• warrior ready stance B – moosa chunbi sogi B

Hand techniques (Sam-Il)

  • knifehand reverse high block (while bringing the opposite palm on the back of the blocking forearm) – sonkal bandae nopundae makgi
  • reverse-knifehand middle wedging block – sonkal dung kaunde hecho makgi
  • double-fist low pumch – doo joomuk najundae jirugi
  • reverse-knifehand high guarding block – sonkal dung nopundae daebi makgi

Hand techniques (Yoo-Sin):

  • release – baegi
  • u-shape punch – digutja jirugi
  • back hand horizontal strike – sondung soopyong taerigi

Hand techniques (Choi-Yong):

  • middle knuckle-fist high punch – joonji joomuk nopundae jirugi
  • knifehand w-shape block – sonkal san makgi

Foot techniques:

  • middle twisting kick – kaundae bituro chagi
  • sweeping kick – suroh chagi
  • waving kick – doro chagi
  • middle crescent kick – kaundae bandal chagi
  • high reverse turning hooking kick – nopundae bandae dollyo goro chagi

Pattern information:

  • Sam-Il – 33 movements
  • Sam-Il denotes the historical date of the independence movement of Korean which began throughout the country on 1st March 1919.  The 33 movements refer to the 33 patriots who planned the movement.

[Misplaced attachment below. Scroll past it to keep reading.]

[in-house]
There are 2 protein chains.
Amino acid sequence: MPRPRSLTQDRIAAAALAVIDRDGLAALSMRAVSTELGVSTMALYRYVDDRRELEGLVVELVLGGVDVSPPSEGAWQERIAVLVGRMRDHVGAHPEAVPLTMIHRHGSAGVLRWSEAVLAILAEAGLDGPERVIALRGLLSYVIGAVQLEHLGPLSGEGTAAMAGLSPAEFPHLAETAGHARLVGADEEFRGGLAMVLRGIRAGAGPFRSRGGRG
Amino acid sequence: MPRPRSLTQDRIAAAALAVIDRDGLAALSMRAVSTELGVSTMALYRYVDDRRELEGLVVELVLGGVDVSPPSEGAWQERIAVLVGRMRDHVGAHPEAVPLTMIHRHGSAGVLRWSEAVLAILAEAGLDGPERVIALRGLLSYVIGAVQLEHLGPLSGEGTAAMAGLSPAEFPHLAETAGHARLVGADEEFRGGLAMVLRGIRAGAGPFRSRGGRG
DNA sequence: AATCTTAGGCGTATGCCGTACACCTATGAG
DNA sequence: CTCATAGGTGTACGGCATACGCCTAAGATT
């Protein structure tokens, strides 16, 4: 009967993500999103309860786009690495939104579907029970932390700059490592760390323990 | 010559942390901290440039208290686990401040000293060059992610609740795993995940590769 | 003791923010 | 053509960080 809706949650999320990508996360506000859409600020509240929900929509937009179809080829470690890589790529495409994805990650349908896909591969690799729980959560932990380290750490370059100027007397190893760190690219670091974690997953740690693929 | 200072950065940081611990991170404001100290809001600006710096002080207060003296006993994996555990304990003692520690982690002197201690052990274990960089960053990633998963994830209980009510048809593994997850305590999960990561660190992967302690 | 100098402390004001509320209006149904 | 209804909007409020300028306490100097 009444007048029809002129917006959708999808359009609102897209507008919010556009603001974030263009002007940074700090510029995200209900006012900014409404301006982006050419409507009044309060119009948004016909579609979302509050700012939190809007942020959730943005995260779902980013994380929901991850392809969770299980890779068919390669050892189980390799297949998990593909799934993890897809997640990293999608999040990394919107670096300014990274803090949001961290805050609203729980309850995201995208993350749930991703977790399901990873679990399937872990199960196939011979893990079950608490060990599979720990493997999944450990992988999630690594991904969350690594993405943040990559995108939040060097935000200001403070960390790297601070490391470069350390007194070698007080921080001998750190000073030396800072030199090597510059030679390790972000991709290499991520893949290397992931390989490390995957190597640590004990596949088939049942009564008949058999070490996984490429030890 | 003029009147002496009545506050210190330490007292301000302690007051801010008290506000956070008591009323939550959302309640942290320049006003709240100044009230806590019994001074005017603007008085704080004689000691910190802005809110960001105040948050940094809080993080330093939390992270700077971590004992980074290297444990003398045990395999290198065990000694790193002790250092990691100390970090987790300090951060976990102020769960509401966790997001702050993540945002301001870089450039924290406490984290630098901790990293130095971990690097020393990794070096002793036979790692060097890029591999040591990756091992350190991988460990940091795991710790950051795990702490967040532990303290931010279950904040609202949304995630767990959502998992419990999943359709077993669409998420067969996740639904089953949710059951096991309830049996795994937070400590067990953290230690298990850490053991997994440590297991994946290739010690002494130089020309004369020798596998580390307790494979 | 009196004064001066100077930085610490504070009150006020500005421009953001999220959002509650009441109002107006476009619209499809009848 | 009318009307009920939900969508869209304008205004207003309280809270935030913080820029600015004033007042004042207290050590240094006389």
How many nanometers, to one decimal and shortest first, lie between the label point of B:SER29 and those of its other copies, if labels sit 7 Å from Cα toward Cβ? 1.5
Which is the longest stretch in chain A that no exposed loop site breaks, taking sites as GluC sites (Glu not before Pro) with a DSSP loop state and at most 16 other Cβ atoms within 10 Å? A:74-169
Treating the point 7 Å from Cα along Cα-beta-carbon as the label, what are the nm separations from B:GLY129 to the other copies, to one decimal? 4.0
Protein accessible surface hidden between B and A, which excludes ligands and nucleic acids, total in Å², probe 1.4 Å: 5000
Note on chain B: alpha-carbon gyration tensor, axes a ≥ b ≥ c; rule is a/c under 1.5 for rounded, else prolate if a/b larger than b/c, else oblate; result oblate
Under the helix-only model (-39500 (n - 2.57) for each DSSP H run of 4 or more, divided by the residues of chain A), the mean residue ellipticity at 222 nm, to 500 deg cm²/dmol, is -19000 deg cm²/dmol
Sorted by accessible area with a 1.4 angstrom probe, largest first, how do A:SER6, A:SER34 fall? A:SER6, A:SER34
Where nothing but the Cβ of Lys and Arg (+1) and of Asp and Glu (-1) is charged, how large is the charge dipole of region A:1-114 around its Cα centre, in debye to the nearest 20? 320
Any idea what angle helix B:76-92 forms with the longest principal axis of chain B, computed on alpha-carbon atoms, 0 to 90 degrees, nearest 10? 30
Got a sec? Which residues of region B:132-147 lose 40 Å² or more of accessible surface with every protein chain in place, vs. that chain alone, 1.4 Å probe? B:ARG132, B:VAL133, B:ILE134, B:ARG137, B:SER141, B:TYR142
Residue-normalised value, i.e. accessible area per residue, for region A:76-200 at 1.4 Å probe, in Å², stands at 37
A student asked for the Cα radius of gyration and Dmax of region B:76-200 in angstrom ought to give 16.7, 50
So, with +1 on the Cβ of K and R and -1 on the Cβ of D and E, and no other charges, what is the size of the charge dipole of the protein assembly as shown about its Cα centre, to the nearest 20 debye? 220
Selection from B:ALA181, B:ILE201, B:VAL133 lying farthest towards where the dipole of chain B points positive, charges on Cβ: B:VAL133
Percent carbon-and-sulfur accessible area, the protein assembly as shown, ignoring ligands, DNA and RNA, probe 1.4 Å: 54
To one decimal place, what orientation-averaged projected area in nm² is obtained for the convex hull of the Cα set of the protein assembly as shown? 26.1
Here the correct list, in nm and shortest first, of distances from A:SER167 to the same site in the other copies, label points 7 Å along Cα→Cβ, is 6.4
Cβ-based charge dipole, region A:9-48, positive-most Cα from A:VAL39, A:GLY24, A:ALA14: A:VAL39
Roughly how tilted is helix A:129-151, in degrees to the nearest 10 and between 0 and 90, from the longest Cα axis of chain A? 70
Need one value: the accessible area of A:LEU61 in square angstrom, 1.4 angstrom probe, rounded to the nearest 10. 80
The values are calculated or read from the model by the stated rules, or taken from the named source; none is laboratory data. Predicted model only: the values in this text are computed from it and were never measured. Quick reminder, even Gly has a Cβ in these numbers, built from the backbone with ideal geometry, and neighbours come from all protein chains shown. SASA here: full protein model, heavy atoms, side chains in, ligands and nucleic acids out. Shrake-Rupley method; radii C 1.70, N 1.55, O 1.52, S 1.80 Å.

• Yoo-Sin – 68 movements
  • is named after General Kim Yoo-Sin, a commanding General during the Silla Dynasty. The 68 movements refer to the last two figures of the year 668 AD, the year that Korea was united. The ready posture signifies a sword drawn from the left rather than the right side, symbolising Yoo-Sin’s mistake of following his king’s orders to fight with foreign forces against his own nation.
  • Choi-Yong – 46 movements
  • is named after General Choi-Yong, premier and commander in chief of the armed forces during the 14th century Koryo Dynasty. Choi-Yong was greatly respected for his loyalty, patriotism and humility. He was executed by his subordinate commanders headed by General Yi Sun-Gae, who later became the first king of the Lee Dynasty.

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